7) Exploding debt threatens America and its AAA sovereign debt rating, according to John Taylor, former deputy US treasury secretary and noted Stanford University professor.  Taylor’s opinion piece was among the most read on ft.com for most of the week. Mike McKenzie in New York also did sterling work on this key story, highlighting the fears about US government finance more than 10 days ago. This past week, Mike noted that investors were dumping Treasuries as they abandoned hedging strategies designed for a falling rate environment. Rates fell for the next two days, suggesting Mike had it right.

8) Henny Sender revealed that Fortress and other private equity firms were nearing a deal to make a big push into retail banking, a story confirmed two days later when the deal was announced.

9) Matthew Green’s fascinating and alarming account of the hottest natural energy producer in Africa: Equatorial Guinea. Target of a military coup organised by Mark Thatcher and a dodgy Etonian, Equatorial Guinea is a potent combination of corruption and wealth.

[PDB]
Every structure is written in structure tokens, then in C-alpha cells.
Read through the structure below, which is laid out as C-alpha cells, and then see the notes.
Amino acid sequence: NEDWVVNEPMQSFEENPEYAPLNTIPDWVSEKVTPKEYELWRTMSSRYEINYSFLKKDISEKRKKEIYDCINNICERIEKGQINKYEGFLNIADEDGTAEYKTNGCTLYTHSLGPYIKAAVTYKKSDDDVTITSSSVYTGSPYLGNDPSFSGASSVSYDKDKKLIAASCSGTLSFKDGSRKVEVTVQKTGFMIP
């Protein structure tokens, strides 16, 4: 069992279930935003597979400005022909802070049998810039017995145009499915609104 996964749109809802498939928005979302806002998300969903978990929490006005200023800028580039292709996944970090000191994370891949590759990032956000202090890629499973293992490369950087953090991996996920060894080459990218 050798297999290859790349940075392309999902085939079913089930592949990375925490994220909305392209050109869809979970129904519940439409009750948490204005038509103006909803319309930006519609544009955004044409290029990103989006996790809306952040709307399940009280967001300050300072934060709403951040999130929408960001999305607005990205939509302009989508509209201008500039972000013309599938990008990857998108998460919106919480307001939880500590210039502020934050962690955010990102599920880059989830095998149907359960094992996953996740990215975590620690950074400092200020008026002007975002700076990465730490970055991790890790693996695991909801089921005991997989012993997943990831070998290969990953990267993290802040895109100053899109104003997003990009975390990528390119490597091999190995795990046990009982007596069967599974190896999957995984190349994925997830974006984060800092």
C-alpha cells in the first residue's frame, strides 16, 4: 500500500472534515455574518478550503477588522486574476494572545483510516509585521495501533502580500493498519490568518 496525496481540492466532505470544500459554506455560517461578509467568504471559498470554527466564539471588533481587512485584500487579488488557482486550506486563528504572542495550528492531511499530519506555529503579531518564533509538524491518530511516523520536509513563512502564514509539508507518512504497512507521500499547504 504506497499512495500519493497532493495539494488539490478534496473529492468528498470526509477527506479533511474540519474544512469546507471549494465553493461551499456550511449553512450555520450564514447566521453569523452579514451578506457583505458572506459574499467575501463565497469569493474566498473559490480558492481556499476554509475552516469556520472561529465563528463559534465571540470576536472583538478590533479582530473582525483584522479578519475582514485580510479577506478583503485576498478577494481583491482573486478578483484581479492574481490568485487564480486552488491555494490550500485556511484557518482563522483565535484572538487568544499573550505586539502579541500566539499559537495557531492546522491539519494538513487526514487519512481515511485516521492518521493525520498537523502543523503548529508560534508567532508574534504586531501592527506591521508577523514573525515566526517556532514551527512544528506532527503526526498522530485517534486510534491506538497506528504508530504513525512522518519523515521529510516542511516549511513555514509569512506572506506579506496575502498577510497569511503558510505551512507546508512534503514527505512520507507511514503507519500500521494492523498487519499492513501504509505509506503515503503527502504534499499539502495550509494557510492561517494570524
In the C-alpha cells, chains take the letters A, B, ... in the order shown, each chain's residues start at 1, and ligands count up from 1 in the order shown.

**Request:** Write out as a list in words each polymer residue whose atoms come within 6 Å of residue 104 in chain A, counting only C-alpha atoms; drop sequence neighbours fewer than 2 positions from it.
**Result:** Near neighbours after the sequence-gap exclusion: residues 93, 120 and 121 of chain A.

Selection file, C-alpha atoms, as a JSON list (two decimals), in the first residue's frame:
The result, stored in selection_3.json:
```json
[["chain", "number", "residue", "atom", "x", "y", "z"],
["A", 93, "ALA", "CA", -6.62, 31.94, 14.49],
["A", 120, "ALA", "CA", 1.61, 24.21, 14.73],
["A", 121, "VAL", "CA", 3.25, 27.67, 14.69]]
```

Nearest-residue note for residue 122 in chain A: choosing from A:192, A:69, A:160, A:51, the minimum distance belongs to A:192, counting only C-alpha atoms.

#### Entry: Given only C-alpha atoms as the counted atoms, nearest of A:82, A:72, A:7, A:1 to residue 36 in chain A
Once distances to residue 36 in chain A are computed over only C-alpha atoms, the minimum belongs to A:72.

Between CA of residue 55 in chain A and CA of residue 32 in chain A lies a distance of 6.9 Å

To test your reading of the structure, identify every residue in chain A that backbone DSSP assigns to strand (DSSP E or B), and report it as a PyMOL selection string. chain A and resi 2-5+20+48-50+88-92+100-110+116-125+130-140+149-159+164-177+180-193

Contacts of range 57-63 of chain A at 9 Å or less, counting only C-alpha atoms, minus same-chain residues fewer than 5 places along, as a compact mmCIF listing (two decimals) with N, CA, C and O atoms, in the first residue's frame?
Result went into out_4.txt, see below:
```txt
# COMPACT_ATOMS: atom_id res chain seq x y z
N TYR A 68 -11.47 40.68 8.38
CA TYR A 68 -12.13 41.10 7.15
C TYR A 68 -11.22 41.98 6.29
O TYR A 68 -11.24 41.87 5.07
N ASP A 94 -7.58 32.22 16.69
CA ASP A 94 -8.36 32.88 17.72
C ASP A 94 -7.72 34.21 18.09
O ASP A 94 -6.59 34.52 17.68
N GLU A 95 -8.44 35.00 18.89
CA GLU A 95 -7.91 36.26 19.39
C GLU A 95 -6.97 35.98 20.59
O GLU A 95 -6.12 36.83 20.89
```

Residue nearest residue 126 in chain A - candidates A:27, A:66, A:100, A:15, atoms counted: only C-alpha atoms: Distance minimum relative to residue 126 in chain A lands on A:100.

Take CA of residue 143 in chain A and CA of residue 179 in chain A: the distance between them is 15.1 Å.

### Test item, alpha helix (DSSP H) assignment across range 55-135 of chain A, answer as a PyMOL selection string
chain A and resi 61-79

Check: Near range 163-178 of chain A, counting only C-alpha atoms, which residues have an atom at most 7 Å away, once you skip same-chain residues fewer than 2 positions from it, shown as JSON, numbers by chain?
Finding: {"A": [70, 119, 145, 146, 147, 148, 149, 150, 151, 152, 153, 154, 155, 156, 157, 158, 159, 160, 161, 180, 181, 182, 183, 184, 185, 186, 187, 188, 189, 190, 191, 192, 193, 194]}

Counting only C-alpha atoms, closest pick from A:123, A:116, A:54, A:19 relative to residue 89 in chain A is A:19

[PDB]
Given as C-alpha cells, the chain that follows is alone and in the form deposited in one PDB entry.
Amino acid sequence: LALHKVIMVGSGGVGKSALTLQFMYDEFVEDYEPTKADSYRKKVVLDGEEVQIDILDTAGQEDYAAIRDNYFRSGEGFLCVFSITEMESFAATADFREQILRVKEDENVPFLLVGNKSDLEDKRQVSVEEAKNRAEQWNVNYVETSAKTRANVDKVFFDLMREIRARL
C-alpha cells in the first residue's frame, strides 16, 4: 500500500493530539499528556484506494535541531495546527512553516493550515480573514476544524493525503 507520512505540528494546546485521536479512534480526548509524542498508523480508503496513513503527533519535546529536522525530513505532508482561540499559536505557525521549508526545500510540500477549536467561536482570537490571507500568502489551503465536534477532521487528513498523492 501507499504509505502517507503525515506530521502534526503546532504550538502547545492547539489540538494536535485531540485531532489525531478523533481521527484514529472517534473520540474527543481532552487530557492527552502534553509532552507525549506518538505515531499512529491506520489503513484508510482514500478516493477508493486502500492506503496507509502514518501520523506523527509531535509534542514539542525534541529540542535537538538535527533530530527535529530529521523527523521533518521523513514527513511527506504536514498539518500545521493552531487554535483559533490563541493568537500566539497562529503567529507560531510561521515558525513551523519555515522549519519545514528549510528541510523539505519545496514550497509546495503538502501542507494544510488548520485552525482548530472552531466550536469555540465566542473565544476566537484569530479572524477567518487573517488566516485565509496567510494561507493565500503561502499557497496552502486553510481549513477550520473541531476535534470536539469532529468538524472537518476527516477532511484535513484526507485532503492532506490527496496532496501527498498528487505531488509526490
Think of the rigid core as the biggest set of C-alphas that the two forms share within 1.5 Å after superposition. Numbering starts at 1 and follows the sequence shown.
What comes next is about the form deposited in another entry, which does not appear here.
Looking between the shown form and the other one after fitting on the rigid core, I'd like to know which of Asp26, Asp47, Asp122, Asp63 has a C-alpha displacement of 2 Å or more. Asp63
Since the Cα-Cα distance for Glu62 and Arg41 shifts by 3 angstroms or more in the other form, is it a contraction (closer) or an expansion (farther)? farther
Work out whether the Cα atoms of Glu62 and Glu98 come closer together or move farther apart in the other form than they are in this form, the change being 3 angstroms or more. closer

10) Gilbert and George’s stylish diary of their trip to Hong Kong to attend Bernard Arnault’s modern art show, a mixture of glitz and haut fashion.

Special reports highlights: The second FT Health magazine, with outstanding articles by Clive Cookson, Andrew Jack and Nicholas Timmins (Nick’s piece on computerised medical records is a must-read for anyone wanting to learn why these projects are so hard to manage). Seb Morton-Clark produced an excellent video of Ed Crooks in Aberdeen to accompany the Energy report.
Robert Wright took one of the most revealing pictures of the week to accompany his Transport & Logistics report – of the Eugen Maersk, one of the world’s biggest ships, piled high with containers but riding high in the water because those containers are all empty. In another innovation, Robert’s report on ft.com linked to his own shipping photos on Flickr.

News from ft.com: This week, the website launched its most ambitious interactive project yet. ‘The Pensions Crisis‘ arrived after weeks of work by Cynthia O’Murchu, Helen Warrell, Norma Cohen, Matthew Vincent and Steve Bernard. Videos were produced by Josh Noble and Dan Garrahan. The feature – an exhaustive combination of video, audio and data – was well received by FT.com viewers, making its mark on the most read two days running.